The Fires of Calderon (Balance Keepers, book one)
By Lindsay Cummings
Expected publication September 23, 2014 by Katherine Tegen Books
Albert is not exactly looking forward to spending another summer with his dad - his dad isn't actually around that much and he makes Albert work in the dead letter office. But this summer turns out to be very different when Albert follows a strange dog and a strange letter to the Path Hider. He sends Albert to the Core, where Albert learns of his destiny as a Balance Keeper. Has Albert finally found somewhere he can belong?
I requested the e-galley of this because I love me some middle-grade fantasy. Also, the author is a local Texas author, so that piqued my interest just a little bit more.
If you're a fantasy reader, much of this story will be familiar to you. In fact, most of the book feels pretty predictable - Albert discovers his secret destiny and unlocks mysterious powers, makes new friends, and embarks on a dangerous quest to save the world. It's pretty standard fantasy stuff. However, just because it's familiar and a bit predictable doesn't mean it's not fun. Though it's quite easy to figure out how the whole thing is going to turn out in the end, Cummings makes it an enjoyable ride for readers to take.
This is a really small detail but Albert moans about having to work in the dead letter office for his father at the start of the book. I thought this was a really interesting little detail, though, and I wonder how kids will react to it. Really, most of them probably haven't written or received a letter, so to imagine an office full of letters that were never delivered might be a bit beyond them. To me, though, the dead letter office sounds awesome - a bit like being a detective without much danger. I really liked this small detail.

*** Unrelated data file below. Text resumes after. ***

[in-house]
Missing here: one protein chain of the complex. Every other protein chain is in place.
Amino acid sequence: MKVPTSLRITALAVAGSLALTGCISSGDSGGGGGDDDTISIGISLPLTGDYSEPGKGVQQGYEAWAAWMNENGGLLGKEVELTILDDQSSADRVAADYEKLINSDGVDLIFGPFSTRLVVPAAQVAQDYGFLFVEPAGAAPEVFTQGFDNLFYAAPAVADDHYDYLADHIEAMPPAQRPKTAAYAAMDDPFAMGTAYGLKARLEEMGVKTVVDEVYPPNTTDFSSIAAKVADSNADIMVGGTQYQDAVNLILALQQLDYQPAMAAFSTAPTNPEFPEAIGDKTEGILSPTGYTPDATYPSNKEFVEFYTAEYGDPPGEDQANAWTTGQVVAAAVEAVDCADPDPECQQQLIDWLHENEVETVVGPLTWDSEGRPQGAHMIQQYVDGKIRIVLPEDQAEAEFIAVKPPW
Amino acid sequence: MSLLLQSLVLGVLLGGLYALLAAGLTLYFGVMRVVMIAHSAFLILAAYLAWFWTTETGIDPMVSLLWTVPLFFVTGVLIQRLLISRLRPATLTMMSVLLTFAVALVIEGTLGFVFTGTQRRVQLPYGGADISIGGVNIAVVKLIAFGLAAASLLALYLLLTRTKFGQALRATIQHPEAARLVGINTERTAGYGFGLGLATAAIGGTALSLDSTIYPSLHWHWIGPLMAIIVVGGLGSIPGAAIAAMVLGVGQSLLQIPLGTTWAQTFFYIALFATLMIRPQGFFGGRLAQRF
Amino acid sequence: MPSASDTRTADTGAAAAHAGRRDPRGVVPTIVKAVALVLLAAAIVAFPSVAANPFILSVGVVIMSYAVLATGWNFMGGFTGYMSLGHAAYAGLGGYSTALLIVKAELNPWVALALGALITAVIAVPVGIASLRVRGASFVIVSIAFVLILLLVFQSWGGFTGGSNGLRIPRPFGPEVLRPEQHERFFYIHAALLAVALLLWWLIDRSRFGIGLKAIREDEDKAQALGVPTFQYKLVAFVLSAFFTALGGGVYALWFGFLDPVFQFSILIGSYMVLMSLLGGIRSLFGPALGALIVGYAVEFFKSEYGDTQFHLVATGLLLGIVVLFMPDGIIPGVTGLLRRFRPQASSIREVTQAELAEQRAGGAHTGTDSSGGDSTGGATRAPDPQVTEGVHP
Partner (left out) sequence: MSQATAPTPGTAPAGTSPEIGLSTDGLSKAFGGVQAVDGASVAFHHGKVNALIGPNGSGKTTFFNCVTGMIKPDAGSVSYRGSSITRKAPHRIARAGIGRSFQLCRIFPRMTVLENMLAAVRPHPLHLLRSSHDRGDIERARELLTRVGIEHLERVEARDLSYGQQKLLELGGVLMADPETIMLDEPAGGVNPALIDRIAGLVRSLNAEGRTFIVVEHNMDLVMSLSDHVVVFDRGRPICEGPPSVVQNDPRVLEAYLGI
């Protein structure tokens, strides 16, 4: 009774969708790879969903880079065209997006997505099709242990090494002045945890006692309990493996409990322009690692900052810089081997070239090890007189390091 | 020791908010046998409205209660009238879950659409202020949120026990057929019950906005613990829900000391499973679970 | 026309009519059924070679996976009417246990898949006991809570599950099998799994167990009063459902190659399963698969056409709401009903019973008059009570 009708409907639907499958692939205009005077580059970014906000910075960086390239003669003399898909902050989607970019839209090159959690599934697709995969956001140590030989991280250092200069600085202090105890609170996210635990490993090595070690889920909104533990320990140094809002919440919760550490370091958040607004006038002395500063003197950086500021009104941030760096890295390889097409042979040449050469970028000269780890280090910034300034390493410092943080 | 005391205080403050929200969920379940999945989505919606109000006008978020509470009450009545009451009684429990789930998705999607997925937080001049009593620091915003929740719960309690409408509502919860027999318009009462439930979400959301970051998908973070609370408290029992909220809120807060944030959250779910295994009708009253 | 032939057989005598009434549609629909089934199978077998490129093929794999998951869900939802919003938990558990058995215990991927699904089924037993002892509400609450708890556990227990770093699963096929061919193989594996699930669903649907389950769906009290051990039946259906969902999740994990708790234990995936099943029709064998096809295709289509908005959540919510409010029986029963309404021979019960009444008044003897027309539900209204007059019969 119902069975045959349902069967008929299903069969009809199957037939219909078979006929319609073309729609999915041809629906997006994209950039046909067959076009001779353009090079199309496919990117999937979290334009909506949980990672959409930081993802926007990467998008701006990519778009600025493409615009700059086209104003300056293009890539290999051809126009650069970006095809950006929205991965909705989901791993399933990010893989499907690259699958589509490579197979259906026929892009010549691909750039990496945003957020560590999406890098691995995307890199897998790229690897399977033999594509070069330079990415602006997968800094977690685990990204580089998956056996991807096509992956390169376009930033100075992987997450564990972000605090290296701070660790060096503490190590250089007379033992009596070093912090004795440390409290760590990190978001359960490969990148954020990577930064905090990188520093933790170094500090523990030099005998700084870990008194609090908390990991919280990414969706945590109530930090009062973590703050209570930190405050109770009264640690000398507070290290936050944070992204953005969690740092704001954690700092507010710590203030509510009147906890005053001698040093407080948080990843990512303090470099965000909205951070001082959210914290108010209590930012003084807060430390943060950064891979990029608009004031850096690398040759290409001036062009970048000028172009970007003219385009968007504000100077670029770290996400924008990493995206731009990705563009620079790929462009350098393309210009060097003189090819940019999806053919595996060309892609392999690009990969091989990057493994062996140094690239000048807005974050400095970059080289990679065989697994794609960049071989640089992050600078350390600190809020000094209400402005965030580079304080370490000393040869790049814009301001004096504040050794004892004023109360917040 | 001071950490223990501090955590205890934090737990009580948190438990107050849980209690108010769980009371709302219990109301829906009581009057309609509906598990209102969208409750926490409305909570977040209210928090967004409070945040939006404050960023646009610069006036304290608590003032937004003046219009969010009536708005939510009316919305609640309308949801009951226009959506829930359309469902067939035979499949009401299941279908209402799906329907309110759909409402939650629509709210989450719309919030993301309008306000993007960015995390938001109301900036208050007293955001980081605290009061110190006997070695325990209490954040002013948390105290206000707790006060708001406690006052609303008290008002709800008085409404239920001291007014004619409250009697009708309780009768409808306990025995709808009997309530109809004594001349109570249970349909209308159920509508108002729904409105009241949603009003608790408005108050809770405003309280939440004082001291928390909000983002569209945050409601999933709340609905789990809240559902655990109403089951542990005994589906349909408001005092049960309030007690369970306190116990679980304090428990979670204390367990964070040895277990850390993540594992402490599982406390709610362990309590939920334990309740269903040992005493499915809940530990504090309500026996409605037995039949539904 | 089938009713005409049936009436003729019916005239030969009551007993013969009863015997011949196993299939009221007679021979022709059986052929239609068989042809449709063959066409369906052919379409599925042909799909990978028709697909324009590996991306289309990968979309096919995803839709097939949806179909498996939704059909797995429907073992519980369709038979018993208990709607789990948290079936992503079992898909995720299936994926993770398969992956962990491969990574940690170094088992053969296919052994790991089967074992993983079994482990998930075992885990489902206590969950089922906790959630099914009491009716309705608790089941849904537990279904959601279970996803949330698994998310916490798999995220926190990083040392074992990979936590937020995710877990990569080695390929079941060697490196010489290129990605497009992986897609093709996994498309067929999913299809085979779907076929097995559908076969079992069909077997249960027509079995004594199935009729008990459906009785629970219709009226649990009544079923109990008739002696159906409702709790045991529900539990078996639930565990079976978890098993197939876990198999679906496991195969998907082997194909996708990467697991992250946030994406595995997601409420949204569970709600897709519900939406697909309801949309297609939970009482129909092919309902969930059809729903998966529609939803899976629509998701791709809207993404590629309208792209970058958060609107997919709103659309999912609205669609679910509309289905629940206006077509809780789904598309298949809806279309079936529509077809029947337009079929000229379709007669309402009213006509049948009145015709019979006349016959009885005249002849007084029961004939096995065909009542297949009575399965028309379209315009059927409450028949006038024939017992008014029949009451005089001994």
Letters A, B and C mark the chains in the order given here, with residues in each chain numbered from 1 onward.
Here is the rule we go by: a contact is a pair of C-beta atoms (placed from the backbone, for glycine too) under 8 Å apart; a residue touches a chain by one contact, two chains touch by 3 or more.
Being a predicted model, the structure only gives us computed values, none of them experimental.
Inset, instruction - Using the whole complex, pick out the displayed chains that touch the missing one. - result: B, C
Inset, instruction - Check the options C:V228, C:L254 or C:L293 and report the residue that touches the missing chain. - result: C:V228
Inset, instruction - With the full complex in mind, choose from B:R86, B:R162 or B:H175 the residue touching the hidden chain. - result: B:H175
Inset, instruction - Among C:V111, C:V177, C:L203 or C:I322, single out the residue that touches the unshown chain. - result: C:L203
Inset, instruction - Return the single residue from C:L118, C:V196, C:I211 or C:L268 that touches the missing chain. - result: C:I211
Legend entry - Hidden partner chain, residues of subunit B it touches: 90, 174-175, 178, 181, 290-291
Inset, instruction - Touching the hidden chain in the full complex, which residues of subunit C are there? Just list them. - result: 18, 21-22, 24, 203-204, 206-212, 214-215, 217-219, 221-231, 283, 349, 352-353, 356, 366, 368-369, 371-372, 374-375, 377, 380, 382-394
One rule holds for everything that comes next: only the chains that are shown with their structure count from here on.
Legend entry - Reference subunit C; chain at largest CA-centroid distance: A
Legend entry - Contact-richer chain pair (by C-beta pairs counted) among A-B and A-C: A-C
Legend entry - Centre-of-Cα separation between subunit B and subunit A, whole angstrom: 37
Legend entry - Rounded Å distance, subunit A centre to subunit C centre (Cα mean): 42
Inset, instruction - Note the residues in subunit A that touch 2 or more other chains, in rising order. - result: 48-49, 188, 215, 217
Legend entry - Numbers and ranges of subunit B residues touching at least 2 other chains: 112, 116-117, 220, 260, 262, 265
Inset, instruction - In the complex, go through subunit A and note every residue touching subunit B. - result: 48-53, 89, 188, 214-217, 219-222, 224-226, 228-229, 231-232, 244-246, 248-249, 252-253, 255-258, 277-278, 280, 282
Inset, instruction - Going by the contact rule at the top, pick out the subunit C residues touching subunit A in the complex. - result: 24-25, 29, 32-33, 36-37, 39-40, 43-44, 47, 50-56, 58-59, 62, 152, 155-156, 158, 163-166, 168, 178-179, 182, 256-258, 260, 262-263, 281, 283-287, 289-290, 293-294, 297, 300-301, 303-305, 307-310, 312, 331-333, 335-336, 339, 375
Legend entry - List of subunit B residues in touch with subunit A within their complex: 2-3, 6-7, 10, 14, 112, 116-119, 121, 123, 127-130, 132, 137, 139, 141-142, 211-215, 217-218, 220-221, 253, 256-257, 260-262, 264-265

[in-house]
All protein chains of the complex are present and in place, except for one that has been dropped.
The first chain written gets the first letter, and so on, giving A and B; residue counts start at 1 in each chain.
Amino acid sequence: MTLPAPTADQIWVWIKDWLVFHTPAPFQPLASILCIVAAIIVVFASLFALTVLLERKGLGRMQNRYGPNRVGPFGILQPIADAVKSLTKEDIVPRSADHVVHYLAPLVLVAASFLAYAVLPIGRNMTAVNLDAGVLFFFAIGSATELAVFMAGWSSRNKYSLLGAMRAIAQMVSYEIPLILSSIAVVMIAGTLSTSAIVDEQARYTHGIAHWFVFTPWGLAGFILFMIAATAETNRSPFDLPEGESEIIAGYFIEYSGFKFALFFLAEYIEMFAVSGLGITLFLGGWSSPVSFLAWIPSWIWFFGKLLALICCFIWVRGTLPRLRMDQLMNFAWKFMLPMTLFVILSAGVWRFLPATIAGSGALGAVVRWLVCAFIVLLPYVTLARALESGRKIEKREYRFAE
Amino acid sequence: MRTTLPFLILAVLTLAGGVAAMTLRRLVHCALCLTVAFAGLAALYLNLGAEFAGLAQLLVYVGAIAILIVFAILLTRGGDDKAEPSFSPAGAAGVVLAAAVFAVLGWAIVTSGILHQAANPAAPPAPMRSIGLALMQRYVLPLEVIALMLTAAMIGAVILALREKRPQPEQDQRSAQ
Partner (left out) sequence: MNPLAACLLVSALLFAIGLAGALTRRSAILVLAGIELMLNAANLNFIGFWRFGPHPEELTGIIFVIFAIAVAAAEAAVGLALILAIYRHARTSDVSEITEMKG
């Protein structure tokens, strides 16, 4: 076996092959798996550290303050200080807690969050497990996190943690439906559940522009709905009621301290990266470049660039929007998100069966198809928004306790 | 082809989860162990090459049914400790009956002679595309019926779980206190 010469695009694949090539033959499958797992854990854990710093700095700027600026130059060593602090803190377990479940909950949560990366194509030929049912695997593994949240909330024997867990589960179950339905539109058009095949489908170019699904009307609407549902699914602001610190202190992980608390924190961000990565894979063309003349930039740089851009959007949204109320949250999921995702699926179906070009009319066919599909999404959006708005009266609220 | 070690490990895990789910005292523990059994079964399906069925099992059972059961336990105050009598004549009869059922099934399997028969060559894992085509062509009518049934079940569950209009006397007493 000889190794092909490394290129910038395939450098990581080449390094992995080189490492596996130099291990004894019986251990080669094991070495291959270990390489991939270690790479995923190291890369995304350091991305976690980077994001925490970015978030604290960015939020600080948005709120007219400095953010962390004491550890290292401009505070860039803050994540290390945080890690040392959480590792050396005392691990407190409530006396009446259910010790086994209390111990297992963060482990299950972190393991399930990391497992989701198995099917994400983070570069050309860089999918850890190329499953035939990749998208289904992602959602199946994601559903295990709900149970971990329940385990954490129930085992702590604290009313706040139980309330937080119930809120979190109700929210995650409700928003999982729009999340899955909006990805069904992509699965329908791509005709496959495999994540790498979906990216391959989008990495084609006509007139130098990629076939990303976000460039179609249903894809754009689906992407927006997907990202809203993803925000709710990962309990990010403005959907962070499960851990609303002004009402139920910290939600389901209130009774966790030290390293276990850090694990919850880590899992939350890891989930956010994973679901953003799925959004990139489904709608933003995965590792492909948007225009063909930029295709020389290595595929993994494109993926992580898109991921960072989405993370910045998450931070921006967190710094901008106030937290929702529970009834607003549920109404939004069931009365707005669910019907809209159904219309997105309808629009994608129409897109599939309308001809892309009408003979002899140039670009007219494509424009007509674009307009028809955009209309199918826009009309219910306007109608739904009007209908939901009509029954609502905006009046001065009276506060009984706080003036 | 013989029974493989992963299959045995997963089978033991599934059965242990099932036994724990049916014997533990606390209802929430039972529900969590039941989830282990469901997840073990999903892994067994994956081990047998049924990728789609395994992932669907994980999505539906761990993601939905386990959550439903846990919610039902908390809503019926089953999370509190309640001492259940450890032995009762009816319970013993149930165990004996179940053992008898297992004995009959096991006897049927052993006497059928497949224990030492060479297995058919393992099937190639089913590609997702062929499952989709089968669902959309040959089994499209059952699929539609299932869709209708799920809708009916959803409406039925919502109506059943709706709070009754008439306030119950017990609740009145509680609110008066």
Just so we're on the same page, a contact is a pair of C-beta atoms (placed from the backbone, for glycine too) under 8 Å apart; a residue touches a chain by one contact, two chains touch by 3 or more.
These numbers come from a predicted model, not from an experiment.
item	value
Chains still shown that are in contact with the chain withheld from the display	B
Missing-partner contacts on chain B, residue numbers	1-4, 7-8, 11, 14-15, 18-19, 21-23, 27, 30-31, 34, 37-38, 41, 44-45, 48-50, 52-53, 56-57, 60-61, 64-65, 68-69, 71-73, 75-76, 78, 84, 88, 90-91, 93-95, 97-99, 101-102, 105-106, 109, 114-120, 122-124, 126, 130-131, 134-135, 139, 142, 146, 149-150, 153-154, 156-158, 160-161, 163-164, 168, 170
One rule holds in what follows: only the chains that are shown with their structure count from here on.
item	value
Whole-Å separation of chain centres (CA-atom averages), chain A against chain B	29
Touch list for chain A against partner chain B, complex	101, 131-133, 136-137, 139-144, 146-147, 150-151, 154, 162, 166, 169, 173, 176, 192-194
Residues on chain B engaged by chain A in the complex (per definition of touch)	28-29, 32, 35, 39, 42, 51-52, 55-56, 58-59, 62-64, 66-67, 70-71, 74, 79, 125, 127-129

If the structure of the book feels very familiar, the actual fantasy world Cummings has created is decidedly not. It's a very unique world with the Core and the various Realms, only one of which is explored in this volume. The creatures are interesting and the system of the Tiles and their powers quite unique as well. While I am impressed by Cummings' ability to create such a unique world, at times it was almost too strange for me. I had a really hard time visualizing a lot of what she was describing. I'm almost positive that young readers won't have this same problem, but I figured it was worth mentioning. It's not even really a criticism, more just a flaw of my own poor imagination.
One thing that I think Cummings really excelled at were her cliffhangers. Much like Rick Riordan, Cummings really knows how to end the chapter on the perfect note to keep kids turning the pages at a furious pace. The book flies by because these cliffhangers entice you to read just one more chapter, then one more, and so on. For me, the only time this pacing faltered was once Albert and his friends actually entered Calderon. It seemed to have taken them a long time to get to that point, but then the action in Calderon was over relatively quickly. Cummings also did a great job ending the book on a big cliffhanger, sure to leave readers eager for book two.
Overall, an enjoyable middle-grade fantasy that will likely be popular with readers who've enjoyed the Percy Jackson and Gregor series. I'll be interested to see what's in store in book two.
Thanks to the publisher for a digital advance reader's copy, provided via Edelweiss.